Faculty are also going to be key here, because faculty can push harder than graduate students and post docs. Graduate students graduate and move on, and they don’t have a lot of traction with senior administration at the university. It’s harder for them to mobilise. Graduate students and postdocs could also unionise and put pressure on the university. Then, getting these benefits could be one of their demands. So it will take both grad students and faculty to push for these changes.
AH: Related to work-life balance, whenever I bring this up with other scientists, they say it’s possible in theory but it’s impossible if you’re an accomplished researcher.
SA: I think it’s a myth that it’s impossible. However you do need a little help from your friends. One of the key things to be successful as a scientist and as a parent is to find other people who are in the same position as you and you need to share the load. My department chair had an epiphany at one point. When he and his partner were a little older, in their 50s, they ended up raising a child. And suddenly he was much more responsive to these concerns. So he allowed us to have a room in our department where we could put some toys and look after each other’s kids. So we took turns looking after each other’s kids when the schools were closed.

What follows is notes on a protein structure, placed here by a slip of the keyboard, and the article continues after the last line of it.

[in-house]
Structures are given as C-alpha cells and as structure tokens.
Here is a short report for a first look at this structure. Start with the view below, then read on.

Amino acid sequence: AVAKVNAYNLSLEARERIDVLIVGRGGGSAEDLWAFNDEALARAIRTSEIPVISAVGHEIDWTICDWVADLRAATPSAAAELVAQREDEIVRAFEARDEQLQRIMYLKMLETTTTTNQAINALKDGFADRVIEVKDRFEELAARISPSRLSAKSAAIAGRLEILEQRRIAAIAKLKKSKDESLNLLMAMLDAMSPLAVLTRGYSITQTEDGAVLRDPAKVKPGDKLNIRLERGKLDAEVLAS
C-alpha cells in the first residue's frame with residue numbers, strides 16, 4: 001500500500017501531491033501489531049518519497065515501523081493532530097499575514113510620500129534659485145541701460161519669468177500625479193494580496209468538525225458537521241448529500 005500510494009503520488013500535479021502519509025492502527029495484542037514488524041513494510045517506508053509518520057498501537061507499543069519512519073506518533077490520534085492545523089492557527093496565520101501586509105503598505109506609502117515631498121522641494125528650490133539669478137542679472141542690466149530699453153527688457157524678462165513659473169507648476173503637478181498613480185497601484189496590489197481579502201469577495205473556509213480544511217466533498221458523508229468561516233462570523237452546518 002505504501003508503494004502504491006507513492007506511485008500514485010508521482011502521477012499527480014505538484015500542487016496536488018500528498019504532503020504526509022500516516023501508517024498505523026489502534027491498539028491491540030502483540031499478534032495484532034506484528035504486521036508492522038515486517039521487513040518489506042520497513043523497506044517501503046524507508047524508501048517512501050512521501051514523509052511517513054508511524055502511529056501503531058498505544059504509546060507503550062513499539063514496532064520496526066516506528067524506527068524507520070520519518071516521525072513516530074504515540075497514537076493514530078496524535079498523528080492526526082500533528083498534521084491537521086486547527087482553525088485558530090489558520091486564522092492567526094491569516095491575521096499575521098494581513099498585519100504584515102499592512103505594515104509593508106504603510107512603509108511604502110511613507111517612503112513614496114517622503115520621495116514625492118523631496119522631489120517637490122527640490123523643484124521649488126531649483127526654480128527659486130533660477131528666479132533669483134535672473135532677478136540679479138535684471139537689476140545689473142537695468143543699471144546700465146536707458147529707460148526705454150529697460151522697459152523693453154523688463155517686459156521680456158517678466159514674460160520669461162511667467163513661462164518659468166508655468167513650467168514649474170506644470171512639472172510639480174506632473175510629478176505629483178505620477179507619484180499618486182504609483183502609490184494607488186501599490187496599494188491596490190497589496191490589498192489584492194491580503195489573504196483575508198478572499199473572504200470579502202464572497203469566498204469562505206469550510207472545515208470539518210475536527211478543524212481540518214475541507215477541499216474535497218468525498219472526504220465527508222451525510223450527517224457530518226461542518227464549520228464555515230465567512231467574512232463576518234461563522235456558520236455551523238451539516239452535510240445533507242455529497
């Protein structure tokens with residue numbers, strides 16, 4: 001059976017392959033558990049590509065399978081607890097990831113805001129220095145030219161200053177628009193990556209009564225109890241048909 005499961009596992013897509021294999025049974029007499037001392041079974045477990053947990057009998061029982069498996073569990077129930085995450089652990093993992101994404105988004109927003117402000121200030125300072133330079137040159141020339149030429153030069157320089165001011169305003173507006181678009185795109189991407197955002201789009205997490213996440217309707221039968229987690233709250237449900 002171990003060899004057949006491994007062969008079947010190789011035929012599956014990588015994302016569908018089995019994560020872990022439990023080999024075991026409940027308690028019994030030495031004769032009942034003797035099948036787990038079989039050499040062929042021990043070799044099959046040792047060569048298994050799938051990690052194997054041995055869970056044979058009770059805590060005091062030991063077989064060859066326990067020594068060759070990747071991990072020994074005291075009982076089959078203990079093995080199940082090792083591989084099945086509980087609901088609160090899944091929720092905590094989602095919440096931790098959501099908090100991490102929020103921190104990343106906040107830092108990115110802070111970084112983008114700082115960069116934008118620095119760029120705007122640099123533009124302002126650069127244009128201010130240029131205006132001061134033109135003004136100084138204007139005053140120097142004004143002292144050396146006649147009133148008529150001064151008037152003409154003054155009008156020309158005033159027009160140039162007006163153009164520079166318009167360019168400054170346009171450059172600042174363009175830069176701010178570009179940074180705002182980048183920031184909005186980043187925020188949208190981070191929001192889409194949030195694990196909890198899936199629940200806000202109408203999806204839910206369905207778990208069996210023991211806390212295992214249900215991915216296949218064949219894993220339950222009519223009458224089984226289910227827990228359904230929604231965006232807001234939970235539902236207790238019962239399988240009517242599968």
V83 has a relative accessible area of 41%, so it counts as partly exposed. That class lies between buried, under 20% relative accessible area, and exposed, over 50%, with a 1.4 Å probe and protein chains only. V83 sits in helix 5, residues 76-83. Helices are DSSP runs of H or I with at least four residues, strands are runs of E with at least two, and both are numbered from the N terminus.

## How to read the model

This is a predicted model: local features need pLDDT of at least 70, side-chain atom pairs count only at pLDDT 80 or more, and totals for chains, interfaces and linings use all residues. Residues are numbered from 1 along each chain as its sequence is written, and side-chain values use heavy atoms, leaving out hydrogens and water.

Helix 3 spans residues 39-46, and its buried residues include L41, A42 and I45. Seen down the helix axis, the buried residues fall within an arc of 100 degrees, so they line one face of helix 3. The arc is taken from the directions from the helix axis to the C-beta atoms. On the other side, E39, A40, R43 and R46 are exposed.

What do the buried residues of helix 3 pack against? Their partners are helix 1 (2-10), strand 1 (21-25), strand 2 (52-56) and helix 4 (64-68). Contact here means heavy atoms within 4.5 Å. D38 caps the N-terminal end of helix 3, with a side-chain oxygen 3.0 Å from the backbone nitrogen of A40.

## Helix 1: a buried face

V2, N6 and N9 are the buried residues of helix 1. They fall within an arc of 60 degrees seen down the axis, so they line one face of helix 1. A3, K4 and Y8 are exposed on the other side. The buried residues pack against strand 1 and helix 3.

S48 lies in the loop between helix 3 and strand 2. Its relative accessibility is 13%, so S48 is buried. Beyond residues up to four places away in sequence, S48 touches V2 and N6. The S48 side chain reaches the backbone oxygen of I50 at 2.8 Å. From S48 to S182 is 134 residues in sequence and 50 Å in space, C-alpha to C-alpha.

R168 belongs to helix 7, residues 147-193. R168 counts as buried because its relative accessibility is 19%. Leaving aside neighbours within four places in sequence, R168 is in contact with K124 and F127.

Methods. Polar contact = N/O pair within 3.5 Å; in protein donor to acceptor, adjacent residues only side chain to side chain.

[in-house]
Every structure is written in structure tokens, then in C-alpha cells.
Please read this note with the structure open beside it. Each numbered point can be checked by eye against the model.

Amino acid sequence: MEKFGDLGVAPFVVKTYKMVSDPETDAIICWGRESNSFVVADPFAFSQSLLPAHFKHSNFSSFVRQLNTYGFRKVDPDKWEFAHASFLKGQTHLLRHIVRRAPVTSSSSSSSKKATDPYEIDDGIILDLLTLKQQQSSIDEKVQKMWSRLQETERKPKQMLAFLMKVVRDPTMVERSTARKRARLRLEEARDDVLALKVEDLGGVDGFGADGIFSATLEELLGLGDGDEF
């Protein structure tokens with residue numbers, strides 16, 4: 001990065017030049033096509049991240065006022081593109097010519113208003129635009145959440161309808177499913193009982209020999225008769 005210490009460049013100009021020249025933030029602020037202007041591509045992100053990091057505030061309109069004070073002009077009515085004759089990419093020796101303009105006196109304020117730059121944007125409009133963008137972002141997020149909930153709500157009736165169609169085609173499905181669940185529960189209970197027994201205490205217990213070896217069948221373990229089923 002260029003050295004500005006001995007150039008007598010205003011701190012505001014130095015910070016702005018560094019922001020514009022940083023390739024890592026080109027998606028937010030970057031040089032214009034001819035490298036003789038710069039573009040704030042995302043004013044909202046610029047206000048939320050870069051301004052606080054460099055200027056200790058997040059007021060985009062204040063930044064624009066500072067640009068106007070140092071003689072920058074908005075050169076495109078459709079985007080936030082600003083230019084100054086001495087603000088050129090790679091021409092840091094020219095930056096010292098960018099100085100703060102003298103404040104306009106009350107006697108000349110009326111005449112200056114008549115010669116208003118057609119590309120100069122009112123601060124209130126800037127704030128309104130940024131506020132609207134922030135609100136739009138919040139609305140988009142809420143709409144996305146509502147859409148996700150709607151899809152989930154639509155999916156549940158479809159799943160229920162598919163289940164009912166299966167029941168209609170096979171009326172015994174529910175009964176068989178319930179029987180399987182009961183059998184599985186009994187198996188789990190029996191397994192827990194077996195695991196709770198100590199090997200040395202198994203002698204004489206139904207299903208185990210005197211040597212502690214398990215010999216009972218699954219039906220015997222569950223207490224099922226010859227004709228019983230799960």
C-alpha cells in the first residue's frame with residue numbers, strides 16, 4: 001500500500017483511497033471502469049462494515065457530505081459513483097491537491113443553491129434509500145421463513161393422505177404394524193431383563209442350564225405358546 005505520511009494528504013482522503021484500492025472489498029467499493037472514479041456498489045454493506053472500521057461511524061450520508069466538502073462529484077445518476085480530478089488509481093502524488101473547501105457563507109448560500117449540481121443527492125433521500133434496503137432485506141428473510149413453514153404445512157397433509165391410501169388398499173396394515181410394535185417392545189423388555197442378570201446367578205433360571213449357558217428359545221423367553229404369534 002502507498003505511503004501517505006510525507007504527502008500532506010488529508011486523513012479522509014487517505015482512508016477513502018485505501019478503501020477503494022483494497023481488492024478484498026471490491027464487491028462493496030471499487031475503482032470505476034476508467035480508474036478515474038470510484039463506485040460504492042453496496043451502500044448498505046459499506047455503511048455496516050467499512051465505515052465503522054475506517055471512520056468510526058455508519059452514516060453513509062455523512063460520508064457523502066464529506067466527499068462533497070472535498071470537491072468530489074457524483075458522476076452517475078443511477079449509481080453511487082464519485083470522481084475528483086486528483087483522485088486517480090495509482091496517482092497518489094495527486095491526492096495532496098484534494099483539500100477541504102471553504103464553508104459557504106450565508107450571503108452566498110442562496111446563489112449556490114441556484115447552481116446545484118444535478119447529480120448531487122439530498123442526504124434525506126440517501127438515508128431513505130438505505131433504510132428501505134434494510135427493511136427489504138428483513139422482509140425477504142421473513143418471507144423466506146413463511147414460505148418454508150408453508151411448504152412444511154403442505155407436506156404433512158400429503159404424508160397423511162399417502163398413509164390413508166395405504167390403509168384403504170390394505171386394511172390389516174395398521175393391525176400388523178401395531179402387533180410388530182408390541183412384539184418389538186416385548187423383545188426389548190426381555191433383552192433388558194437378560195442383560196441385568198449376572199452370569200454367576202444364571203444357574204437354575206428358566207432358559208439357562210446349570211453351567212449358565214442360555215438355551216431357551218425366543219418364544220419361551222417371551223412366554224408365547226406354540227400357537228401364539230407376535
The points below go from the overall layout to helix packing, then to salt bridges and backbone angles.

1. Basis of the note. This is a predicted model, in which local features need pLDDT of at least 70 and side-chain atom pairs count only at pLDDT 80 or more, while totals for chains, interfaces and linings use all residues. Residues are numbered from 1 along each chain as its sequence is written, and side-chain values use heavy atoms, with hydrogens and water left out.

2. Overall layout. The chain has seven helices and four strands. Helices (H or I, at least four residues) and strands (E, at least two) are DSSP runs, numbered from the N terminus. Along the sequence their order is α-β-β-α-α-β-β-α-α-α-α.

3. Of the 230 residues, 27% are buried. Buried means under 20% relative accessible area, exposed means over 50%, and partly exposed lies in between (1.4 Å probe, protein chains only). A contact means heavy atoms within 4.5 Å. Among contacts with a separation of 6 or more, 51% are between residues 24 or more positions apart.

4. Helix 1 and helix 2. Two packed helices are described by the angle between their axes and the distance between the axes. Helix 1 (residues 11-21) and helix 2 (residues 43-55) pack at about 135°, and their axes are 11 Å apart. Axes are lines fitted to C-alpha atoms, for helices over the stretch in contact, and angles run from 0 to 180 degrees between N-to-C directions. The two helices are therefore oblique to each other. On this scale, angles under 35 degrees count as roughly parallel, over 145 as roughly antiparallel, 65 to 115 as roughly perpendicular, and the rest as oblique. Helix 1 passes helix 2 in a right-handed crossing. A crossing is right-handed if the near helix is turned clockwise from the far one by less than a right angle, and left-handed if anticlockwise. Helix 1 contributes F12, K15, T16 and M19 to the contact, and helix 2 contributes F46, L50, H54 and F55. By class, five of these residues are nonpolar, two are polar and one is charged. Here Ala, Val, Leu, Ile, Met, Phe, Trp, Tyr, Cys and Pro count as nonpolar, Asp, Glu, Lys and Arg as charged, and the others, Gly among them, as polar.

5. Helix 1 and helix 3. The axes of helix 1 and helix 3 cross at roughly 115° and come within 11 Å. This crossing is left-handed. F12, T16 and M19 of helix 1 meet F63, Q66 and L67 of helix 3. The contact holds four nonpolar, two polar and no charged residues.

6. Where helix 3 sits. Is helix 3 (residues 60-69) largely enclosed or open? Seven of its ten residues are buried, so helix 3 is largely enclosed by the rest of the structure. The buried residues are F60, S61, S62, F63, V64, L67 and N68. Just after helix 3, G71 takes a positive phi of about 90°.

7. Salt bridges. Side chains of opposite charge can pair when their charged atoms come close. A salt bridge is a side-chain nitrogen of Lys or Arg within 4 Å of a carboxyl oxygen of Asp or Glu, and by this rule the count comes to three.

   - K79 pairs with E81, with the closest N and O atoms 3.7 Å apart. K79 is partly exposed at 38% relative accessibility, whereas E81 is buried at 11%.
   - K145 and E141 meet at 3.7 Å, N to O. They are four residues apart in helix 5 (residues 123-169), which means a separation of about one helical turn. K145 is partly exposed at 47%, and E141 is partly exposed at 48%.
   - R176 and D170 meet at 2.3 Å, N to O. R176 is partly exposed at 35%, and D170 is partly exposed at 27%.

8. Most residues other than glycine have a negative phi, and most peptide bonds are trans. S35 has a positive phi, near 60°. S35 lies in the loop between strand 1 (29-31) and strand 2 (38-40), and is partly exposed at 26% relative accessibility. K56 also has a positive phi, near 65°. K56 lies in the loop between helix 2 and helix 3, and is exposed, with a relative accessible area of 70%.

So having people to help out is key. Having support in the department is also important. The other thing I would say is that in science, although you’re supposed to be productive, it is quality over quantity. Producing a lot of minor papers is not impressive as being able to publish a smaller number of important pieces of work. So maybe that’s what parents need to do, is focus their energy on the science that is really important, and they might even be more successful.
You can find Shelley’s notes on her talk on Science and the Work/Life Balance here.